New Zealand dairy companies could lose the right to use terms such as Feta, Parmesan, Brie and Camembert if a free trade deal goes ahead with the European Union, warns a trade expert.

The EU has given the green light to trade talks with New Zealand and Australia, with free-trade agreement (FTA) negotiations set to take place in the coming months.

Trade commentator and former negotiator Charles Finny said it was "very good news" but the negotiations would have challenges.

Read more: EU gives green light to free-trade talks with New Zealand


Finny said geographical indications around dairy could be the most challenging part of negotiations, although forcing change would be "ridiculous".

"If you look at their mandate [the EU] you'll see that they've got pretty strong interests in protecting their terminology and I would have thought we wouldn't be too keen on that, so that will be a tough bit of the negotiation," he said.

"What they're wanting is [a] very similar regime to what we have now in the wine area, we used to be able to make New Zealand champagne and now we can't.

"We don't call wine Bordeaux or Burgundy anymore, so we can survive in the wine area, we can probably survive in dairy. I think some of these terms are of such common usage that it would be ridiculous to force change."

The EU has estimated that a trade deal could result in a $1.2-$2 billion boost to New Zealand's GDP and up to a 20 per cent increase in exports.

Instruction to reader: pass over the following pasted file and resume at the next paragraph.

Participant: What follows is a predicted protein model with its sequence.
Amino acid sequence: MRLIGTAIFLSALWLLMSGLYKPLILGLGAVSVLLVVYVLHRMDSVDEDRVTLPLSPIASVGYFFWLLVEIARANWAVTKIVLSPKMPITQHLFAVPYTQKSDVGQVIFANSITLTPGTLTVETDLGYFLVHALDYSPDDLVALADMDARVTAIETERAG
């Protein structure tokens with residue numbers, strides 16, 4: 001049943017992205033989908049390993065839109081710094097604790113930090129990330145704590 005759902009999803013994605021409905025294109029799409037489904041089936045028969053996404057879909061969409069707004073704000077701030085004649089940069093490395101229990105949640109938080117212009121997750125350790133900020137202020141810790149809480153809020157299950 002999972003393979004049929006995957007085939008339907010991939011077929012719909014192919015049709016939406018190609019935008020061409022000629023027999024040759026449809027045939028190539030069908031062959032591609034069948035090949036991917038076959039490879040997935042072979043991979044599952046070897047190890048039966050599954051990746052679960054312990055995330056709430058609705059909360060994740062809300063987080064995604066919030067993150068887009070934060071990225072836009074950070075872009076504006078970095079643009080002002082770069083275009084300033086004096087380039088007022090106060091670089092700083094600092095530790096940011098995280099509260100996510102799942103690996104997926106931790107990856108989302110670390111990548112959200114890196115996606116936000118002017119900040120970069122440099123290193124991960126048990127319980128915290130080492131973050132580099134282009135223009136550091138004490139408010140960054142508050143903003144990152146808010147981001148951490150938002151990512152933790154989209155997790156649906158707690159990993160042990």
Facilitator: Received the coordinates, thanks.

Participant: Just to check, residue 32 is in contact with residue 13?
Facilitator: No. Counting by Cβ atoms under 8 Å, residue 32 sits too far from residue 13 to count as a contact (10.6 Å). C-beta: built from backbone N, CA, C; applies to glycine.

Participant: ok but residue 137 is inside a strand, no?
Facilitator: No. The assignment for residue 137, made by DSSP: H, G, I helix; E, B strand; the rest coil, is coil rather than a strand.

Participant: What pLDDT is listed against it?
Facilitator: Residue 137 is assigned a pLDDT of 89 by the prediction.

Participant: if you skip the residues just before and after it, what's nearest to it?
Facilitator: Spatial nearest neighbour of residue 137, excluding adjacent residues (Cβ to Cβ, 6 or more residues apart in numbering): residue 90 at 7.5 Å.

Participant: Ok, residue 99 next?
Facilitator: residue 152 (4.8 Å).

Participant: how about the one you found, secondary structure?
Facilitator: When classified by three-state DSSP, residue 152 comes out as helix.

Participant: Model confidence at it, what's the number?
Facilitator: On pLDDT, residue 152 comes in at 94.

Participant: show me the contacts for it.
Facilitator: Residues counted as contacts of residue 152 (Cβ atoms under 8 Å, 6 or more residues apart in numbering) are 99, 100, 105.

Trade Minister David Parker welcomed the news, saying it opened the way for a free trade deal with one of the largest economies in the world that would boost jobs and incomes.

"It's very significant. That flows through to more jobs and higher incomes for New Zealanders," Parker said.

"I'm sure one of the areas of sensitivity for the French is our agricultural exports to Europe and that will be a difficult part to negotiate. But we want to get the negotiations started."

Finny said the talks were made possible by the hard work of others over many years in keeping access to that market open.

"It's particularly important from a strategic perspective at a time when we are seeing a number of other players looking inward. This demonstrates that the EU, New Zealand and Australia are looking outward and wanting to expand their free trade networks."

Beef + Lamb New Zealand chief executive Sam McIvor said the agreement to start negotiations represented a significant milestone for the sector in the face of growing protectionist rhetoric worldwide.

"The FTA will create a stable and level playing field which is crucial to the growth and future prosperity of the sheep and beef sector and New Zealand as a whole," McIvor said.

"Over 600,000 New Zealand jobs directly depend on international trade, with the red meat sector alone employing over 80,000 people in New Zealand. All these jobs depend on our ability to export competitively and in a stable and predictable trading environment."

The EU is an important market for New Zealand red meat products, worth more than $1.8 billion in the year ended December 2017.

EU trade commissioner Cecilia Malmstrom said that Australia and New Zealand "are important friends and allies. They are part of this circle of friends who believe in good trade and in multilateralism."

Statistics New Zealand data showed exports to the European Union for the year ended December were worth $8.61b, with imports of 12.98b. New Zealand's total exports were worth $76.34b for that period, with imports of $72.19b.